Sports Arena

Crunching March Madness

How Duke's elimination may have boosted workplace productivity.

By 3.28.08

Send to Kindle

Employers dread March Madness. Challenger, Gray & Christmas CEO John Challenger's famous annual survey predicts this year's tournament will have cost $1.7 billion, all told, in lost productivity.

The survey has come under fire from some quarters. But, for the moment, let's leave Challenger's $1.7 billion figure unchallenged. That's a lot of money -- a little more than 2 percent of basketball fans' total productivity during the tournament. It's certainly enough to hurt a bottom line.

Of course, not everyone follows the tournament. Television ratings are down 9 percent from last year's Madness. Eight out of nine televisions in use during game time will be tuned elsewhere. Thirty-seven million people will enter an office bracket pool this year, out of a total U.S. workforce of about 153 million.

That means a little less than one half of 1 percent of total productivity during the tournament will be lost to workers filling out brackets and watching games on company time. This year's tournament lasts 16 work days. Over the course of an entire year, that $1.7 billion comes to a little more than one hundredth of 1 percent of GDP.

Not exactly earth-shattering, is it? If economic growth goes negative this quarter, anybody who blames March Madness should be sent to the showers early.

JOHN CHALLENGER protests, "Those who insist there will be no impact are kidding themselves." He's right. But those who assume that his estimate of that impact is accurate are also likely kidding themselves.

The survey makes a leap in logic to get to $1.7 billion that perhaps it shouldn't -- that if people weren't following the tournament, they would otherwise be working. Truth is, workers will waste some of their time whether it's March Madness season or not.

Employers know this. They are not stupid. Down time is already factored into wages. People are paid according to how much they are expected to produce. And it is expected that they will not spend their entire 40 hours on the job actually working.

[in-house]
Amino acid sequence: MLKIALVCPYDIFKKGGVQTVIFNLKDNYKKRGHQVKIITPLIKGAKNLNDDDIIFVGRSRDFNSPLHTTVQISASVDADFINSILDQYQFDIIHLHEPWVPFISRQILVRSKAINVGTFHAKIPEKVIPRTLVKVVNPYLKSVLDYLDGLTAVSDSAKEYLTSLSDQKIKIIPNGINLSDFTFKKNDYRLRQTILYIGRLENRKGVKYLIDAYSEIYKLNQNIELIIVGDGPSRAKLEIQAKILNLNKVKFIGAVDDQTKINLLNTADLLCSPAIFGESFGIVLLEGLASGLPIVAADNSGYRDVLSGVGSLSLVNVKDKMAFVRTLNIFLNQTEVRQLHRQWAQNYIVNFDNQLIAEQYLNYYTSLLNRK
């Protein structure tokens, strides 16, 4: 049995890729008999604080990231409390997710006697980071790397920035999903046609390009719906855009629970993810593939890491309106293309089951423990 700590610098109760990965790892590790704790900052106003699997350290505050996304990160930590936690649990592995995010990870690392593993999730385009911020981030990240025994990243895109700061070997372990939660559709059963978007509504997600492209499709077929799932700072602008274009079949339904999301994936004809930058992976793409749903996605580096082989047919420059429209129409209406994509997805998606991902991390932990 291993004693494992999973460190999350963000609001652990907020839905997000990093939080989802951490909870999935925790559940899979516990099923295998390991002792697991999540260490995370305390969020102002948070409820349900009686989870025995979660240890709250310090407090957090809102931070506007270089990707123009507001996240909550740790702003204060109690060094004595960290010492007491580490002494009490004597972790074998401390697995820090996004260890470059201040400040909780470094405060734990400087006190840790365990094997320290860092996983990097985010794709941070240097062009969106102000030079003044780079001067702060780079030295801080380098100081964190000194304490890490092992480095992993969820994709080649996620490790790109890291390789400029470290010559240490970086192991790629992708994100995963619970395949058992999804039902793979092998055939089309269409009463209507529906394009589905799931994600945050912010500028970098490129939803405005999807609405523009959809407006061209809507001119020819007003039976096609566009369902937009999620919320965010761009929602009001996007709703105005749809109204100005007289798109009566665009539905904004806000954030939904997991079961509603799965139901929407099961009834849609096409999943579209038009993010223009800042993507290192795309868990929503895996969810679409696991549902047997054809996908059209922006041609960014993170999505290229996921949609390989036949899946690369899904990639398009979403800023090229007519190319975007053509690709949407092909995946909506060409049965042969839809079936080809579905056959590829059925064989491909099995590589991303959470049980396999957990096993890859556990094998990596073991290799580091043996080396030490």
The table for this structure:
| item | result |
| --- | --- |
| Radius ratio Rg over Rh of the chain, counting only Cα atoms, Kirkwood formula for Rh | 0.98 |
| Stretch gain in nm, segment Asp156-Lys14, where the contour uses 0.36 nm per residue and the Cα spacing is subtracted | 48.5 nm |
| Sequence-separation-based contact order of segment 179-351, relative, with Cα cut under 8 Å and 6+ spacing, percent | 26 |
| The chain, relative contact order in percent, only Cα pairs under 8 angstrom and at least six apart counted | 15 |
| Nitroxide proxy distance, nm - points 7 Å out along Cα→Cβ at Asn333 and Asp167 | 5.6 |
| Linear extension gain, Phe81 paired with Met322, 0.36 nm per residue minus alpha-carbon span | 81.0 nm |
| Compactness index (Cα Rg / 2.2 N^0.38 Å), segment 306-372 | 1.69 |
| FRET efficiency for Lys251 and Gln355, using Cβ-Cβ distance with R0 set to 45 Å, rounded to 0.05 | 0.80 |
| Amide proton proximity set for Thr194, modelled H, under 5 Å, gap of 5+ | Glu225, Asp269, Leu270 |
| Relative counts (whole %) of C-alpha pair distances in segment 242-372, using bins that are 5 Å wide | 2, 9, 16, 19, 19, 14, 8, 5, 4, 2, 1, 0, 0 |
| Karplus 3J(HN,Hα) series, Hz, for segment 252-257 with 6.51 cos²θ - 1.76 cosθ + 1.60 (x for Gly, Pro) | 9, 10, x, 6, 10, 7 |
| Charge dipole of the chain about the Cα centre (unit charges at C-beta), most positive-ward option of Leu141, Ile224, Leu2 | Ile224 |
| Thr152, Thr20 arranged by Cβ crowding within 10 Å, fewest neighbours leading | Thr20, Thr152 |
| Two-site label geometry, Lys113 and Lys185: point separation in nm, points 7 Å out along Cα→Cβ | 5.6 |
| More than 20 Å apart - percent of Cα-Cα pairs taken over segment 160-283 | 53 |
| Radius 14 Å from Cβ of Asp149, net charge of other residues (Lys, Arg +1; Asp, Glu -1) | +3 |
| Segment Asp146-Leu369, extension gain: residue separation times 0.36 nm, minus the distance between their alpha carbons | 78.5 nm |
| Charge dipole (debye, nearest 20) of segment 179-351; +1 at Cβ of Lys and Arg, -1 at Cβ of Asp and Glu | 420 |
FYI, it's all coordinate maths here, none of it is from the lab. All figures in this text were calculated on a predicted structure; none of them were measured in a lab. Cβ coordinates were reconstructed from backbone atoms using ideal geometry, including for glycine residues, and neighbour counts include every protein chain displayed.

Nobody knows whether filling out brackets or talking trash to coworkers is additional slacking, or whether it simply substitutes for other forms of slackery. Workers regularly waste time forwarding bad Internet humor to friends and family. They make personal calls on office time. They go to the water cooler to catch up on the latest gossip.

Challenger may even be right about the $1.7 billion in time dedicated to March Madness, but we don't know if it's a net productivity loss or not.

My hunch is that there is a net loss, but it is a lot smaller than $1.7 billion. People probably do reduce their other derelictions of duty, but not enough to compensate for all the time they spend following games.

IT'S ALSO POSSIBLE for the tournament to have some positive effects in the workplace. March Madness can be great for morale, and good morale often translates into to productivity gains.

For instance, Duke -- the hated Yankees of college basketball -- lost to West Virginia on March 22. Their elimination brought joy to perhaps as many as 90 percent of college basketball fans.

There are other morale-boosting benefits besides Duke's early-round elimination. Almost every office has a bracket pool, official or otherwise. The best ones give the last-place finisher his money back, just to rub it in. Besides being good clean, mostly illegal fun, these bracket contests help employees get to know each other a little better, even if only to trade friendly insults. A happy office tends to be a more productive office.

True, brackets come at a cost, and not just the $5 entry fee. They take time to fill out. That time could be spent working -- or forwarding Hello Kitty e-mails. No one knows the exact balance. But the worst possible impact is .01 percent of GDP and more likely it's far, far less. The people might as well have their fun.

Like this Article

Print this Article

Print Article
About the Author

Ryan Young is Fellow in Regulatory Studies at the Competitive Enterprise Institute.